Ask The $250/Hour Trainer - Dynamic Warmups

In this column, Joe Dowdell, CSCS, of Peak Performance Gym in New York City, tackles your questions. How should you properly warm up for your workout?


I keep hearing that I shouldn't do old-school stretches before hitting the weights, but that I shouldn't just start lifting cold, either. What the heck should I do?

Joe: Before starting your actual strength-training session, I would advise doing a 5-10-minute dynamic warm-up. This is far better than doing, say, 10-15 minutes of stationary cycling. The benefits of a dynamic warm-up include:

  • Increases core body temperature
  • Actively elongates the muscles
  • Activates key stabilizers
  • Put the nervous system on alert: working coming!
  • Reduces the thickness of joint fluid for easier movement

Pick anywhere from three to six movements for your dynamic warm-up. Particularly if you're new to training or shaking off some rust, this warm-up probably will feel like part of your workout. It'll actually fatigue your muscles. No worries: over time, this effect will diminish and then vanish, and your warm-up will feel like, well, a warm-up.

Okay, here's how to go through a dynamic warm-up:

Stretch 1 Side-lying 90-90 thoracic rotation stretch
1 set, 5 reps per side (rest 10 seconds after completing both sides)

Do this: Lie on your right side with your hips and knees bent at a 90-degree angle. Extend your arms directly in front of you at shoulder level, palms together. [see Photo 1] While keeping your right arm and lower body in the same position, slowly rotate your left arm and torso leftward, until your left hand touches the floor (or as close as you can come.) [see Photo 2] Hold for 2 seconds. Return your right arm to the start position.

Repeat for the prescribed number of reps, then roll over and do the same number of reps on the other side. If you can't touch the floor at first, try to get closer with each repetition. But make sure to maintain correct body position throughout the movement.

Stretch 2 Side-lying leg raise
1 set, 5 reps per side (rest 10 seconds after completing both sides)

Lie on your side with your legs straight, left on top of right. Place your right arm under your head and your left arm in front of your body in order to brace yourself. Your body should form a straight line from head to ankle. [see Photo 3]. Keeping both legs straight, raise your left leg as high as you can while keeping your body in a straight line. [see Photo 4]. Pause momentarily. Return to the start position. Repeat for the prescribed number of repetitions. Switch sides and repeat.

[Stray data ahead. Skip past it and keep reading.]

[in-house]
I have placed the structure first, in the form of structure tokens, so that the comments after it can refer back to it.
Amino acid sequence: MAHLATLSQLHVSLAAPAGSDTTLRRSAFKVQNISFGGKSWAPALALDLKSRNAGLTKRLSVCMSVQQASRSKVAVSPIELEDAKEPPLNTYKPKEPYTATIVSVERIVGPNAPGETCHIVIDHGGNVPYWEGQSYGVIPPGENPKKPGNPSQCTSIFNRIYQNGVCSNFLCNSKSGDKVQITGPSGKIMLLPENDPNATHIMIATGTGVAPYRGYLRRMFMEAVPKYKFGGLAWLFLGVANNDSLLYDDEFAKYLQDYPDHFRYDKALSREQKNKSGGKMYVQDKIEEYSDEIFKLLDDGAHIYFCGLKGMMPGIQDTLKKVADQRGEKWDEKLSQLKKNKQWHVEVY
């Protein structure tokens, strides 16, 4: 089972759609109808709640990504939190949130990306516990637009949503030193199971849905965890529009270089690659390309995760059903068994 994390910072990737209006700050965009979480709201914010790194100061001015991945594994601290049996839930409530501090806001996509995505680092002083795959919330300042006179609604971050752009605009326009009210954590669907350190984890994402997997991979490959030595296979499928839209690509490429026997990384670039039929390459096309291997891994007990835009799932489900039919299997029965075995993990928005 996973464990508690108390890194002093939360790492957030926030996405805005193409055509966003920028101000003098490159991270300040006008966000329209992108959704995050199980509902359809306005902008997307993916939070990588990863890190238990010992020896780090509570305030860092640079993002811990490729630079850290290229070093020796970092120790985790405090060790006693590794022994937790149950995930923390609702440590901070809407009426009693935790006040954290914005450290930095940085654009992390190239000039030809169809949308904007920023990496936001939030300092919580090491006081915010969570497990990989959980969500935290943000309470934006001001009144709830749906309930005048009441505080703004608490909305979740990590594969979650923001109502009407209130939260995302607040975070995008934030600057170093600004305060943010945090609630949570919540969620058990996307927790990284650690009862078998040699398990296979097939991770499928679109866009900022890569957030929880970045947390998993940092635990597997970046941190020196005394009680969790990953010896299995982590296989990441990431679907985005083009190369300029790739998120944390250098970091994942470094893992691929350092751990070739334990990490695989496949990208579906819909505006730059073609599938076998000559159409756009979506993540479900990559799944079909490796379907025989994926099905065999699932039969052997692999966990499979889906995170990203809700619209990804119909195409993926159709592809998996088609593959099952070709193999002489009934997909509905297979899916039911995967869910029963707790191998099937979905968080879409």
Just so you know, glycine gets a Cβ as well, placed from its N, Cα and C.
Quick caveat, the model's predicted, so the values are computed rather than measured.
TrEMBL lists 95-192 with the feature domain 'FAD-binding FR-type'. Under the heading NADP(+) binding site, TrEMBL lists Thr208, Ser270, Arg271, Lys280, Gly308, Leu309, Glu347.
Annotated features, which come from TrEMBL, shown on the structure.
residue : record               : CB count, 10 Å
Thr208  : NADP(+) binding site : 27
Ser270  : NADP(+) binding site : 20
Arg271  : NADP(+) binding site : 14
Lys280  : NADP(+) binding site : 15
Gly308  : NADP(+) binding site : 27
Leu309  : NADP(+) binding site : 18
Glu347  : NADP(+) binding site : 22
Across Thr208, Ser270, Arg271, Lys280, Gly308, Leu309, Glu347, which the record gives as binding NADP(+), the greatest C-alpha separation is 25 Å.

Stretch 3 Half-kneeling dynamic hip flexor stretch
1 set, 5 reps per side (rest 10 seconds after completing both sides)

Place a towel or pad under your left knee. Your right leg should be directly in front of your body, knee bent to 90 degrees, foot flat on the floor. While keeping your chest up and torso vertical, gently brace your core and tighten your left glute. Slowly drive your hips forward until you feel a mild stretch in the front of your left hip. Continue to tighten that left glute. Hold for 2 seconds [see Photo 5] and then return to the starting position.

Half-kneeling dynamic hip flexor stretch

Make sure you keep your core tight and the glute contracted for a nice stretch. Don't extend with your lower back, and try to go a little farther with each repetition. Perform the prescribed number of reps on the right side. Switch sides and repeat.

Stretch 4 Wall slides
1 set, 10 reps (Rest 10 seconds)

Lean your head, upper back, and butt against a wall. Your feet should be 10-12 inches from the wall and parallel with each other. Your arms should be positioned against the wall, elbows bent to form 90-degree angles, upper arms at shoulder height. [see Photo 6]. Keeping your hands, wrists, and elbows pressed against the wall, slide your elbows down and in toward your sides, as far as you can go. Hold for 1 second, squeezing your shoulder blades together. [see Photo 7]

If any of these body parts lose contact with the wall during the movement, stop! Lower your arms back to the bottom position, and only go back up to that point for the remainder of your reps.